Person using a braille screen reader

As employers, creating an environment with flexible work schedules that provides as much wiggle room as possible for employees to make the best decisions for their own lives can cut down on some of the barriers that they may be facing.

For example, flexible paid time off not only gives employees the time they need to be able to go to radiation or physical therapy, but it also does not force them to attribute their absence to their disability and or illness. Similarly, the option to telework can address the issue of fatigue by allowing employees to be adaptive to their needs and work where they can perform best on a given day or reduce the difficulty of carrying assistive technology between home and the office.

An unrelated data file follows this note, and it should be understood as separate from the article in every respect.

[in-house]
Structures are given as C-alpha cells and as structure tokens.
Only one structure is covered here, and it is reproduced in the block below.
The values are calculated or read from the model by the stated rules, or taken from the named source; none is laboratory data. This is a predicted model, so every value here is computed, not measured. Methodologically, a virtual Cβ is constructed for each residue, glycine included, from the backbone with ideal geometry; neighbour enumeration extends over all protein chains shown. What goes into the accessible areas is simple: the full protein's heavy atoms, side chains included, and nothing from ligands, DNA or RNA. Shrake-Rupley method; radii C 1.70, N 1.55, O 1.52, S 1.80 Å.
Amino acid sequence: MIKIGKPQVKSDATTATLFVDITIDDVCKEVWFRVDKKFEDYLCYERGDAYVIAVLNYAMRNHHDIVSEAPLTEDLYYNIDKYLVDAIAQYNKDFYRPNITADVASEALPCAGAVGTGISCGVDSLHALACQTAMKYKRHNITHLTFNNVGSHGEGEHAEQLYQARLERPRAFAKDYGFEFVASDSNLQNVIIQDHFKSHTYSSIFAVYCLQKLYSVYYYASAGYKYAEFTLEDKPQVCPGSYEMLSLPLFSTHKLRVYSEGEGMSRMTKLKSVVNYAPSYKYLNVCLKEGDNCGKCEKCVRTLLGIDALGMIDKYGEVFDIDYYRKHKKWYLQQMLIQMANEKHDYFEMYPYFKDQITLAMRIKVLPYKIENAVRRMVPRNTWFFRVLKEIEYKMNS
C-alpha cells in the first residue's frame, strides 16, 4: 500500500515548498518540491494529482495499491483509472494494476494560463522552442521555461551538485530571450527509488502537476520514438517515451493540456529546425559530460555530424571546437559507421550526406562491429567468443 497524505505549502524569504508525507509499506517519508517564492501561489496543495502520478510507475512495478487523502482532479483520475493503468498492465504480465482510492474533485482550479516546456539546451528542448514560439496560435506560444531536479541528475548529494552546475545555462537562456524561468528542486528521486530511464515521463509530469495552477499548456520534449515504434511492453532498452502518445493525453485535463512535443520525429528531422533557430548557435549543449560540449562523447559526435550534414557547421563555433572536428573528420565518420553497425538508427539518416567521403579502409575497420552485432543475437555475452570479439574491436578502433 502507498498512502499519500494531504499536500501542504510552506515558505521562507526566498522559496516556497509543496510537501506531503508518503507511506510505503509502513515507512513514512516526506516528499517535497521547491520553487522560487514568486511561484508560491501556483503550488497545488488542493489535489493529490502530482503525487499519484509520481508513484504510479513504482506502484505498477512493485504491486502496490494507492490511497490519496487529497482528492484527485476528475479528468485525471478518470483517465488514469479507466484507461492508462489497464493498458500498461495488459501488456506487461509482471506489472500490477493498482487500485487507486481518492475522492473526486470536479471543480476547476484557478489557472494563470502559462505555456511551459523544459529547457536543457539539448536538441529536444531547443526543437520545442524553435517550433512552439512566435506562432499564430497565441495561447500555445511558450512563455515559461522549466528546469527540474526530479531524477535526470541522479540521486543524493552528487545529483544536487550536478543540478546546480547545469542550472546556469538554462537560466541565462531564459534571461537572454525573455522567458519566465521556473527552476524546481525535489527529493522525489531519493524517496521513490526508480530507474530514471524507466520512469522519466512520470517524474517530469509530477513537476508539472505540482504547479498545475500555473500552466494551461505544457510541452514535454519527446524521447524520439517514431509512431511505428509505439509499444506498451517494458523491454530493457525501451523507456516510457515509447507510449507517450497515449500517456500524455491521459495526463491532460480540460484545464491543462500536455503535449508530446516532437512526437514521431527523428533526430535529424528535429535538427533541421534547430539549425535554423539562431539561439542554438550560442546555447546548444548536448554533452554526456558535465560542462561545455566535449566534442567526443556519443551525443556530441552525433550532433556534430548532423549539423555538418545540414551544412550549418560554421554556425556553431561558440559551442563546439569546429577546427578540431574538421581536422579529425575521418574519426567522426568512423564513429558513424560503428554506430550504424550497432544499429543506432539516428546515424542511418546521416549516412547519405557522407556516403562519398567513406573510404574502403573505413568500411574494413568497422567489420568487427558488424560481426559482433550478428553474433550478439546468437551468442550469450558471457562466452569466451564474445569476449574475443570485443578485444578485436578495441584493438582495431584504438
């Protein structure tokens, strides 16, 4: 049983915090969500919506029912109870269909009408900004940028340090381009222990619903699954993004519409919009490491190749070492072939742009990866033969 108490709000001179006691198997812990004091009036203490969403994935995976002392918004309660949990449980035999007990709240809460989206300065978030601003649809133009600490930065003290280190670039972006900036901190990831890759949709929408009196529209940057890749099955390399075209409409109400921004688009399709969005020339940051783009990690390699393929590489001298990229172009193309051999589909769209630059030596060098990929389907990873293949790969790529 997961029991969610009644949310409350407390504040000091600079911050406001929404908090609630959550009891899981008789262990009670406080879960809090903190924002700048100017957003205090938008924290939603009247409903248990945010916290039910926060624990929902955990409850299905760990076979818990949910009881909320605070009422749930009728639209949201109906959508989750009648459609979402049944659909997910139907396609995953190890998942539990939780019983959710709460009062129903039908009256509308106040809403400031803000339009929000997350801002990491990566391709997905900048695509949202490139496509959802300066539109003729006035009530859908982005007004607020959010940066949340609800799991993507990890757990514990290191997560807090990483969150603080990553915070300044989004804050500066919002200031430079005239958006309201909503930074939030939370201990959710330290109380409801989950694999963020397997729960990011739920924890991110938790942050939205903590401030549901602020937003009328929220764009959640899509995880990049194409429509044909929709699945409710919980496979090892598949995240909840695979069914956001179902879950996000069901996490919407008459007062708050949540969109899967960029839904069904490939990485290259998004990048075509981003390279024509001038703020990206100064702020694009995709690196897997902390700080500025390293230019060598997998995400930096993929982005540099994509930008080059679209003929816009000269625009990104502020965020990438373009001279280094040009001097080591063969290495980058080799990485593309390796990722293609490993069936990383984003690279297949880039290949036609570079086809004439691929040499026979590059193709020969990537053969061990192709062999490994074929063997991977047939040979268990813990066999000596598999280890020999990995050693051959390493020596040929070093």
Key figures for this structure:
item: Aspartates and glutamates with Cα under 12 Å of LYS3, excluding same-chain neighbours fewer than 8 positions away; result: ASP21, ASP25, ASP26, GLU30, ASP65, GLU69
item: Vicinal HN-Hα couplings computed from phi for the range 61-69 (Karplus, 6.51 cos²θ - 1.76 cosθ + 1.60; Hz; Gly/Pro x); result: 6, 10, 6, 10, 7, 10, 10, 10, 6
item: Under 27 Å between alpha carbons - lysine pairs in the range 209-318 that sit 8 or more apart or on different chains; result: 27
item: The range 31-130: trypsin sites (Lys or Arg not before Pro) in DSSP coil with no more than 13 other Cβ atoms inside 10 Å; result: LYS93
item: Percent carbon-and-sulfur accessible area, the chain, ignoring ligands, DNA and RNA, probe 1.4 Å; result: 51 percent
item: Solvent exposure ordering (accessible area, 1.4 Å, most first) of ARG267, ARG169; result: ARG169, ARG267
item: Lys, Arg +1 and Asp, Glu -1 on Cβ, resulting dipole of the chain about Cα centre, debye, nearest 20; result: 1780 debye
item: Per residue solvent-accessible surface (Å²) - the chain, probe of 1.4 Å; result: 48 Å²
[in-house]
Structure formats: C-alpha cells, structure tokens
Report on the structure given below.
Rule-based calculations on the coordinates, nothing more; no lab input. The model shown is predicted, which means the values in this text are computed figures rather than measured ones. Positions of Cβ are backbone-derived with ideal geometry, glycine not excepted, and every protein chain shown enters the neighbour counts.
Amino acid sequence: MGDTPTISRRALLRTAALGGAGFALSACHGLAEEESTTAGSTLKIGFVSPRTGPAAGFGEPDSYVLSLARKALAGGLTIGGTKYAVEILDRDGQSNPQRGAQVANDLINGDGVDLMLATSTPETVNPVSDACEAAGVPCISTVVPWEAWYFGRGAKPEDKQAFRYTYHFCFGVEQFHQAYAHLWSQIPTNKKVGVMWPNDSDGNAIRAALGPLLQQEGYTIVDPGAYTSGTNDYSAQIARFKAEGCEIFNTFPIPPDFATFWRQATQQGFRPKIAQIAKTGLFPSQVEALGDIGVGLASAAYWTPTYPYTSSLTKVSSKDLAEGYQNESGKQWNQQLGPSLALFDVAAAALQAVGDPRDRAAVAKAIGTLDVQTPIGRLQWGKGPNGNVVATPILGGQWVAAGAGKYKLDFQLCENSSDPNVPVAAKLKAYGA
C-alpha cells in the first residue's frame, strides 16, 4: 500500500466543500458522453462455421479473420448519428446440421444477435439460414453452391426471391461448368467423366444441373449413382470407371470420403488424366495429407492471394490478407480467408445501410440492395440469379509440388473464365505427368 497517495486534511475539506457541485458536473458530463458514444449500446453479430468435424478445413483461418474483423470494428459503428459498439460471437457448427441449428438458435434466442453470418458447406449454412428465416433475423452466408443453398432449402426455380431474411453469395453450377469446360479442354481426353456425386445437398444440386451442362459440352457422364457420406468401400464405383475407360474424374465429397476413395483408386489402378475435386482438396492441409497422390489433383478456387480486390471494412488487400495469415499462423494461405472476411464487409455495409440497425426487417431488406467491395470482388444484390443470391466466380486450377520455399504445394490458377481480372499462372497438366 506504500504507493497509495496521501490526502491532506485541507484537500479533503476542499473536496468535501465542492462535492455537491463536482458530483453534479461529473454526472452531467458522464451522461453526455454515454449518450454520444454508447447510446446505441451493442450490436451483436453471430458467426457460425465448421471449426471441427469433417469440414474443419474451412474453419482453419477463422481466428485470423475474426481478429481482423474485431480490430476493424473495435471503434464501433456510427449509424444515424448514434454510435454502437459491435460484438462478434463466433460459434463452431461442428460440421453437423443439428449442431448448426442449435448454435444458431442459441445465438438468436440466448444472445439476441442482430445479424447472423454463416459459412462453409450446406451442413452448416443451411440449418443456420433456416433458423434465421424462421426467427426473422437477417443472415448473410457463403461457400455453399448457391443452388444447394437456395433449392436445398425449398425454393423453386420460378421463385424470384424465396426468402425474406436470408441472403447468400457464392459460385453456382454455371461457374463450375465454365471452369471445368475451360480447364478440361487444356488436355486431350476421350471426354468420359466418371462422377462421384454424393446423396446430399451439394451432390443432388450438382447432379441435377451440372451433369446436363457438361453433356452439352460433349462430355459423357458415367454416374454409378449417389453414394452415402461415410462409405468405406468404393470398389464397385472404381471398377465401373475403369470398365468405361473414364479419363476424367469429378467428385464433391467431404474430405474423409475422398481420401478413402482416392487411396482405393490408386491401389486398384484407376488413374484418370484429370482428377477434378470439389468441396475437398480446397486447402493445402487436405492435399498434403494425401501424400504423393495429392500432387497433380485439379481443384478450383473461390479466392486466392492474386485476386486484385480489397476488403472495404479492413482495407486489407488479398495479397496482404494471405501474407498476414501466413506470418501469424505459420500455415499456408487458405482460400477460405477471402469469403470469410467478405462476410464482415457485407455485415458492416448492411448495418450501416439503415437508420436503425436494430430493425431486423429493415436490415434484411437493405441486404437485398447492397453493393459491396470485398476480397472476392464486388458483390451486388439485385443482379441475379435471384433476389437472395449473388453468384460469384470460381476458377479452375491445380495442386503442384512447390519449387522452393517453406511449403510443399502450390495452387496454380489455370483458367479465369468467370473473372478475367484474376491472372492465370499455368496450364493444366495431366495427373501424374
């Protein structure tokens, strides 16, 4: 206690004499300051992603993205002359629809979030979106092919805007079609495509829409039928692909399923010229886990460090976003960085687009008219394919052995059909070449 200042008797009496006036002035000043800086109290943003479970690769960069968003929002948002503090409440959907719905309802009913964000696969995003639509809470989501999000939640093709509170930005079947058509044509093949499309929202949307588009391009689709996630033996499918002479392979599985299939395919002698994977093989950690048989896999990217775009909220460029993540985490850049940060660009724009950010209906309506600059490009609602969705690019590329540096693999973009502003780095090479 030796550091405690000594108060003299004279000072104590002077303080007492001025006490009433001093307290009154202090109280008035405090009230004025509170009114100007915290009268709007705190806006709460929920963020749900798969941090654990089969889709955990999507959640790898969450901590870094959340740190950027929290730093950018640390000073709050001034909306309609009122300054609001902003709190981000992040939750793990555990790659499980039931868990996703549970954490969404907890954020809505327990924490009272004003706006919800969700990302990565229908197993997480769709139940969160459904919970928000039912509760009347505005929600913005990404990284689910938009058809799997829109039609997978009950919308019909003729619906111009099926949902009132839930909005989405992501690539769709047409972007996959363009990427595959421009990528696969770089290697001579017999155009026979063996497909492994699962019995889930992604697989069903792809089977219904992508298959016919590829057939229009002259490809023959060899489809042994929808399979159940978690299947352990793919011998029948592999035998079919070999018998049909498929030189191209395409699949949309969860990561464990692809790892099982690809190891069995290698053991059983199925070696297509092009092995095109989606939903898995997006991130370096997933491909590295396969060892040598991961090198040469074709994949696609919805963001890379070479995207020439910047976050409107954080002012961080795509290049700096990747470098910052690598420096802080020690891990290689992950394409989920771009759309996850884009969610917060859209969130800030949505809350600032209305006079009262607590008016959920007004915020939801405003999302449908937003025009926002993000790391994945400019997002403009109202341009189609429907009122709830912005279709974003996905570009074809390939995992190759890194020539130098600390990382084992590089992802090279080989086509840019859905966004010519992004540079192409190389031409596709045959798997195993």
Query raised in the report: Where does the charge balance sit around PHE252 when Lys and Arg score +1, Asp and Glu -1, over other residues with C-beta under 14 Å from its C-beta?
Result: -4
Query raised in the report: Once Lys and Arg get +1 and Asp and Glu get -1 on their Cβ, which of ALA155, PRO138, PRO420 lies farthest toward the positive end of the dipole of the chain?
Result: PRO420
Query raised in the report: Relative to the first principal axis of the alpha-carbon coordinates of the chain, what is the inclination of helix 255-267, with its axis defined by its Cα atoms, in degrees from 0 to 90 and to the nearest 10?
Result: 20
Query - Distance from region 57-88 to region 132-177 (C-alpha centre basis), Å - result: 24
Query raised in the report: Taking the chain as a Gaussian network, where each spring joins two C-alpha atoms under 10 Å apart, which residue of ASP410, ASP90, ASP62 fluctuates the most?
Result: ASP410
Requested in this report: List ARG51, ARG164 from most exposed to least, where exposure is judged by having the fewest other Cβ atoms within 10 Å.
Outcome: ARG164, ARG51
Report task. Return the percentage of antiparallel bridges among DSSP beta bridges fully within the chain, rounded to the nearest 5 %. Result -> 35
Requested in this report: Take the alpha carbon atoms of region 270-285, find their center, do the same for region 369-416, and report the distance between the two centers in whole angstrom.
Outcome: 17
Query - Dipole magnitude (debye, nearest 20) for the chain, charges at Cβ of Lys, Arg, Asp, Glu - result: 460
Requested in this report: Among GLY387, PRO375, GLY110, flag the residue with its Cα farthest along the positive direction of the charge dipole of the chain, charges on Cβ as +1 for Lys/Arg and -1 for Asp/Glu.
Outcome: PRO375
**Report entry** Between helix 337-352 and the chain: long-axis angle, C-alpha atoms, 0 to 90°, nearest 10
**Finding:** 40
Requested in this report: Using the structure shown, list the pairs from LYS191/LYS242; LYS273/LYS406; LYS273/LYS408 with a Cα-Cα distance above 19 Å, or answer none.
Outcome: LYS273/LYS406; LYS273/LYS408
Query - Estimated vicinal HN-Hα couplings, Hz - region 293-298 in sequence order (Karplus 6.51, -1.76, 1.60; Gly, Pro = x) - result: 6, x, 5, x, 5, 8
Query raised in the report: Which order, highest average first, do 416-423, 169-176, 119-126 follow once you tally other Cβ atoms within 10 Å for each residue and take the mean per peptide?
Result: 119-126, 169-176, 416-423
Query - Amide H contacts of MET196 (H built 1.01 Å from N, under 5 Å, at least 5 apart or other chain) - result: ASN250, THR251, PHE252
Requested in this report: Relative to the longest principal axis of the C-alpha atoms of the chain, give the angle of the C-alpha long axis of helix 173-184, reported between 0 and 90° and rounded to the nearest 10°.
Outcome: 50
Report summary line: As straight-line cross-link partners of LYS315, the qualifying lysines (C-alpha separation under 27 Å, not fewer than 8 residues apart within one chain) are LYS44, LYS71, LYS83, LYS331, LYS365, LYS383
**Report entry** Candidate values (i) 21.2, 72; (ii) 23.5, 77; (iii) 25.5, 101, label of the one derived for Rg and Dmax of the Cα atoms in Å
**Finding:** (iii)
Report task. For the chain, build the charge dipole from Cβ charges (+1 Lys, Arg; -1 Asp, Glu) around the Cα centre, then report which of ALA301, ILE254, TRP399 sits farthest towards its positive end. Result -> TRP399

By lowering restrictions and increasing flexibility, it levels the playing field. Overall, flexwork allows your employees to work when they are at their best.

Continue to Leave Space for Accommodations

While a robust flexwork program allows employees to better meet their needs, Brady and Sharp Futro both stress that it is critical to remaining responsive to additional accommodations. There may be times where flexible work arrangements don’t cover all the needs of an individual employee, so it is important to continue to encourage employees to seek out additional accommodations, as needed.

Want to learn more about flexwork? Click here.